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Lost city of Atlantis FOUND? Maltese rock formation ‘MATCHES Plato’s description’ | Weird | News

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Many have dedicated their lives to searching for the mythical city, first written about by Greek philosopher Plato However, the remains may have been there for all to see all along. A collection of small islands in the Mediterranean Sea match the description given by Plato after Atlantis suffered a huge earthquake. 

Amazon Prime’s new documentary: “Proof That Left Historians Speechless” revealed how Malta may be hiding a secret history.

The 2018 series claims a number of islands in the European country broke away from the mainland following a huge earthquake. 

It is thought these, together, formed the true location of Atlantis. 

The narrator revealed: “Malta is said to have been broken up by catastrophic earthquakes and volcanic eruptions thousands of years ago. 

“The ocean water disintegrated the lower land and in time the water settled and formed the Mediterranean Sea.

“The higher land survived and several islands were formed. 

“According to Plato, another eruption occurred and the island of Atlantico was submerged under the sea. 

“Plato described the remains as the skeleton of a body due to its scattered remains.

“For the last two centuries, these strange islands confused researchers and scientists.”

It is not the first time Atlantis has claimed to have been found. 

One Friday, a huge 8,000-year-old ancient city was revealed to be hiding on the British coast. 

Doggerland, a huge area of dry land that stretched from Scotland to Denmark was slowly submerged by water between 18,000 BC and 5,500 BC.

However, it was found back in 2012, when divers from an ol company were working in the North Sea. 

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Driver in satisfactory condition following head-on Gatineau collision

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One person was in hospital in satisfactory condition following a head-on collision between two vehicles in Gatineau on Saturday.

According to Gatineau police, the crash occurred around 1:30 p.m. on Montée Paiement, between Saint-Thomas and Saint-Columban roads.

Each of the vehicles had only one occupant at the time of the incident.

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Ottawa military family alleges bad faith eviction by Saudi Arabia’s top diplomat in Canada

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An Ottawa military family alleges their former landlord — Saudi Arabia’s top diplomat in Canada — acted in bad faith when he gave them a notice of eviction, claiming he intended to move into their Vanier rental home with his own family.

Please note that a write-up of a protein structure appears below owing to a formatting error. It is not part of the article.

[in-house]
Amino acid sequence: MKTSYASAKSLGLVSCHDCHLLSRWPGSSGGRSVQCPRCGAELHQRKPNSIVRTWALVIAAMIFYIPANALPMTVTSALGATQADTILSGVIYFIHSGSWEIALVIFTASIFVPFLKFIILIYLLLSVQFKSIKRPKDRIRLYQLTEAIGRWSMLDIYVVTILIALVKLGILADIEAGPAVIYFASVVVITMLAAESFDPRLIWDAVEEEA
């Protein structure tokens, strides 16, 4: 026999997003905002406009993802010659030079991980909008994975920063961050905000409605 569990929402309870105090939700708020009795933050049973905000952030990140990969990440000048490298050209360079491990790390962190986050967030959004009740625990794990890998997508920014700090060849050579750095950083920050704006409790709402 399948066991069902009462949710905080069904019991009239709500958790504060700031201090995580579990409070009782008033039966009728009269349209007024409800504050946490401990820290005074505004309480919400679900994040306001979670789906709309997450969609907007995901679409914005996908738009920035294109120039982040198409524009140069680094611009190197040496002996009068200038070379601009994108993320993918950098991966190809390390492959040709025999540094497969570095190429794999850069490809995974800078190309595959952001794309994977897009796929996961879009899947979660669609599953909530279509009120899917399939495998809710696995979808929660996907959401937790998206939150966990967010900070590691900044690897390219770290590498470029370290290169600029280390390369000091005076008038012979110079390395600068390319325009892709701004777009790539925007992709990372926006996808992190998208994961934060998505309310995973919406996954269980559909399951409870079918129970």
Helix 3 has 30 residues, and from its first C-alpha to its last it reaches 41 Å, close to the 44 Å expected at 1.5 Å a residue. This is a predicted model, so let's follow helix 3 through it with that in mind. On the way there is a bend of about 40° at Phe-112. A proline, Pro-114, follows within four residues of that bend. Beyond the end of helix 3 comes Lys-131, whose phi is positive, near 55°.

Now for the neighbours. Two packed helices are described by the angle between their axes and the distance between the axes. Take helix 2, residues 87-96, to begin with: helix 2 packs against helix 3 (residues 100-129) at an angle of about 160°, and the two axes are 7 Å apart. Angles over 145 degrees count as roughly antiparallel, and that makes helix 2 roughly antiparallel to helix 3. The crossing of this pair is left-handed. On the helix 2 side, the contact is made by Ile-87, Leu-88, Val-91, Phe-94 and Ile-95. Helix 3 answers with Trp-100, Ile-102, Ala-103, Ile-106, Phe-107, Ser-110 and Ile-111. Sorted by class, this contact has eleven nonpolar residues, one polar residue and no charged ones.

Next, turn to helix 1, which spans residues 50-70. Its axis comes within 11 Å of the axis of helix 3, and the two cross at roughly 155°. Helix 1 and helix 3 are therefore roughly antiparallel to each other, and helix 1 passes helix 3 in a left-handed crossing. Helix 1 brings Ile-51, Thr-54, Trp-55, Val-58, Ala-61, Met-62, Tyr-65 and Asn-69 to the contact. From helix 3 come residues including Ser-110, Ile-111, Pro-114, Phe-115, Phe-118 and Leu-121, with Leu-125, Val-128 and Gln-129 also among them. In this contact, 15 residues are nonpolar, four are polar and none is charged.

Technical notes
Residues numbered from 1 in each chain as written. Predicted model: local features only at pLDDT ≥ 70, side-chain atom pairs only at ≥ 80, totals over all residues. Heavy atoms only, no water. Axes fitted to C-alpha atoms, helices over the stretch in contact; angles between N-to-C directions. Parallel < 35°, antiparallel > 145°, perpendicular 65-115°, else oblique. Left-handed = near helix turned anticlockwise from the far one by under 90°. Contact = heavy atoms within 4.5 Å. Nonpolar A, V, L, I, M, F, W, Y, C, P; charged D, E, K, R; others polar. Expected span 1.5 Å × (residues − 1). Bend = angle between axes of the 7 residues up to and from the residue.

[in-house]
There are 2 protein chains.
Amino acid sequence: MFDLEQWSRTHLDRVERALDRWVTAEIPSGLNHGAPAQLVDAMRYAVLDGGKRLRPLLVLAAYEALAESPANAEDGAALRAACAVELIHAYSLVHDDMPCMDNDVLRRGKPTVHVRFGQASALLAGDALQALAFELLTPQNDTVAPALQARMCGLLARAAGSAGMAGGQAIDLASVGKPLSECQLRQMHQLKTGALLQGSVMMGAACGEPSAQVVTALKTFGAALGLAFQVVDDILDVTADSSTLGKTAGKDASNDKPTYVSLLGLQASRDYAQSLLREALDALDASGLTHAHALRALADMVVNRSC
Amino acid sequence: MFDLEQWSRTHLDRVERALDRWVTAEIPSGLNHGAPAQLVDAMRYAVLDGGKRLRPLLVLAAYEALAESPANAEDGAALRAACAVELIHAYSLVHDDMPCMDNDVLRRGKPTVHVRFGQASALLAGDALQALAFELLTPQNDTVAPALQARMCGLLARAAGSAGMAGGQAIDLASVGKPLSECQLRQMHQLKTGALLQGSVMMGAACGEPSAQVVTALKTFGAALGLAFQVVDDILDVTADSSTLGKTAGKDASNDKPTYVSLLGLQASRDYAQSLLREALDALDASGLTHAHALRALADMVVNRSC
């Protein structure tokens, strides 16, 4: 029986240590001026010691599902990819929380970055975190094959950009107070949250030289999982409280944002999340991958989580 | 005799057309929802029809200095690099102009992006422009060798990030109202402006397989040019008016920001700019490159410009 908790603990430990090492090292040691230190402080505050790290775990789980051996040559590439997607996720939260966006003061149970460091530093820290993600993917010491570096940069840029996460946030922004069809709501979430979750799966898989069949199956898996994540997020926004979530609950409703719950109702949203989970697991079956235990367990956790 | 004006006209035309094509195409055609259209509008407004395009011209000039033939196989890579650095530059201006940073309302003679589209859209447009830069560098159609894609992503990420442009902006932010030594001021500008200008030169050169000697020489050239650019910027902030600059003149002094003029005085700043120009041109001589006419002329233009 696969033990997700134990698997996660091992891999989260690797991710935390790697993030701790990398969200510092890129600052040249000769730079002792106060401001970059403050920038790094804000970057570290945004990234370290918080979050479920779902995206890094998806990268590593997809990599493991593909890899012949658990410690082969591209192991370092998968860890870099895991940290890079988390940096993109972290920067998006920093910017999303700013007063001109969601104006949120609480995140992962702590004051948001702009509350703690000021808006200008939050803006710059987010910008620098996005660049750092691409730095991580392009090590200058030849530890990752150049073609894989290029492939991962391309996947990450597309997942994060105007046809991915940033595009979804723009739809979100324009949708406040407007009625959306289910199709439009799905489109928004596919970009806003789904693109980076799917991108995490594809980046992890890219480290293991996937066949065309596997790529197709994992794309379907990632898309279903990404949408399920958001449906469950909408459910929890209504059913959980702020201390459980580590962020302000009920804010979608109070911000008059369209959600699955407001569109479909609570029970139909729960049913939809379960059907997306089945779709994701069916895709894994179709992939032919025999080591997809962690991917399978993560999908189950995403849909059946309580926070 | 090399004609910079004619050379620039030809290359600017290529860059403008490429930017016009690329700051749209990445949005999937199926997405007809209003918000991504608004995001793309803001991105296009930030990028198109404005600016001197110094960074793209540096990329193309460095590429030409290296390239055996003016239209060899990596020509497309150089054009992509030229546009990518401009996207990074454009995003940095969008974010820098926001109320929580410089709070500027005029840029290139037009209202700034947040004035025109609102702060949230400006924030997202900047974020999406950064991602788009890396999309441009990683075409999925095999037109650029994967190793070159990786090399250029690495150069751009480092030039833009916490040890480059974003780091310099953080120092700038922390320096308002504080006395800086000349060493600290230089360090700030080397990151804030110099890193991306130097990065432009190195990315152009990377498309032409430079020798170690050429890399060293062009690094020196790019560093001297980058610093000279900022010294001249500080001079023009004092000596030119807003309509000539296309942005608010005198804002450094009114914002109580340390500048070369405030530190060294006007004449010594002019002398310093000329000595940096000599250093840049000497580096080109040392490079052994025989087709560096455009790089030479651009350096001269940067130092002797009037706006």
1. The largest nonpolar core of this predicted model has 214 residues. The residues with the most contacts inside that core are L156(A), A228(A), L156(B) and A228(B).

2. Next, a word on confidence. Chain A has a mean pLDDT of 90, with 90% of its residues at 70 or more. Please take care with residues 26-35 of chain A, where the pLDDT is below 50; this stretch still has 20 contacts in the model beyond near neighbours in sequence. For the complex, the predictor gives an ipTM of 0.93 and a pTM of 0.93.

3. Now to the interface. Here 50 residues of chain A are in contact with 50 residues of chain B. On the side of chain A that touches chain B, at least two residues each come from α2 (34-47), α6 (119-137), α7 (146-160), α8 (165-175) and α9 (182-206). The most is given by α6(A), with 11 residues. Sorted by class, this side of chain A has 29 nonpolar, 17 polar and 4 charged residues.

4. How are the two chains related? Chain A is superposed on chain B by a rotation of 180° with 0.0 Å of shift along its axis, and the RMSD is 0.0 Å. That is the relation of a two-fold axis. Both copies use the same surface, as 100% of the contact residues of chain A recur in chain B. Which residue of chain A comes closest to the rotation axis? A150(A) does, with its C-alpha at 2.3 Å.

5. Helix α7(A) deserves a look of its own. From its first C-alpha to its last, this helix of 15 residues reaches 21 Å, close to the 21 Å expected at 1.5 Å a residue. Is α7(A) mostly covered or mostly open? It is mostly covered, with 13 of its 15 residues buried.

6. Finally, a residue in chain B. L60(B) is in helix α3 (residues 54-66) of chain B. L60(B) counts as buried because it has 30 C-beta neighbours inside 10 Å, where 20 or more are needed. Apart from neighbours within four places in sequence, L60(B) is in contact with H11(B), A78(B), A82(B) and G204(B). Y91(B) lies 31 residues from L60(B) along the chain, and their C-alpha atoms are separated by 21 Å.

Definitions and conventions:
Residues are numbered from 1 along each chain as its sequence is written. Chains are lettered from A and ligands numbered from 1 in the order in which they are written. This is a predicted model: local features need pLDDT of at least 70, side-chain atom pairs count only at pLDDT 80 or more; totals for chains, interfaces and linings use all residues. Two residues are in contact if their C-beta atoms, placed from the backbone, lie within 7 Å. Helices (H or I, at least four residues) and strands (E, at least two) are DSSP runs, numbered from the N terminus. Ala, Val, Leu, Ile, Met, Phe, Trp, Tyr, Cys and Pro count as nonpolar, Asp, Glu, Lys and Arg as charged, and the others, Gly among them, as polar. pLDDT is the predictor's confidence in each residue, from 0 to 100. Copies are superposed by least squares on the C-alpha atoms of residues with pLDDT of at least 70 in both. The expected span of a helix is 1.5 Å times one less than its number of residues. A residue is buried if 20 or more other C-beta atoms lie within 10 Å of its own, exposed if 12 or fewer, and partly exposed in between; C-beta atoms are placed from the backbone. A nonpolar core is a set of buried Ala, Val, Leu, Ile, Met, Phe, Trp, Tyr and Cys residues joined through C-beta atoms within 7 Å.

The home is now listed for sale for $950,000, two months after Vivian and Tim Funk moved out with their two young children.

In documents filed with the Landlord and Tenant Board, the Funks detailed how their landlord, Sulaiman AlAqeel, acted to end their tenancy by allegedly pretending he was moving in himself. This was preceded by an attempt to market the house to new tenants for significantly more money when the Funks had not given notice indicating they would be leaving, the documents alleged. “The landlord’s representative,” according to the documents, allegedly told the Funks they needed to accept a $500 monthly rent increase and a new lease if they wanted to continue living in the rental property, which wouldn’t be legal under the Residential Tenancies Act.

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Ottawa COVID-19 hospitalization data showing half of cases coming from community, not just long-term care

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With local data showing 50 per cent of COVID-19 hospitalizations coming from the community, long-term care residents aren’t the only one vulnerable to severe illness from the virus, Ottawa’s Board of Health reports.

Despite the majority of deaths having happened in older adult age groups in long-term care homes, residents shouldn’t think institutions are the only settings that are vulnerable to outbreaks that lead to serious illness from the virus.

“[Ottawa Public Health] continues to expand our understanding of the types of settings and situations that have the most impact on COVID-19 transmission in our community and is seeking academic partners to better explore exposure risks as well as a broader assessment of the harms from different public health measures,” OPH outlined in its document, to be present at the Board of Health on Monday.

At the same time, however, OPH says it is working closely with partners on “processes to strengthen and streamline responses.” This includes weekly meetings across agencies to address issues and concerns to ensure a strong collaboration, ongoing communications with facilities, preventative visits and phone calls to review infection prevention and control.

In situations where OPH identified failings at an LTCH or concerns of compliance have been raised, OPH has been quick to issue letters of expectation that outline the deficiencies and timelines fo compliance.

It is unclear how many letters have been issued through both waves of the virus.

And while outbreaks in LTCH during wave two have recorded a higher number of LTCH outbreaks than in wave one, the overall morbidity and mortality has been lower. This means fewer cases, fewer deaths and a lower average duration of outbreaks.

OPH contributed this to building on lessons learned from early COVID-19 outbreaks in LTCH in Ottawa.

https://www.ottawamatters.com/local-news/ottawa-covid-19-hospitalization-data-of-severe-illness-shows-half-of-cases-coming-from-community-not-just-long-term-care-homes-3136152

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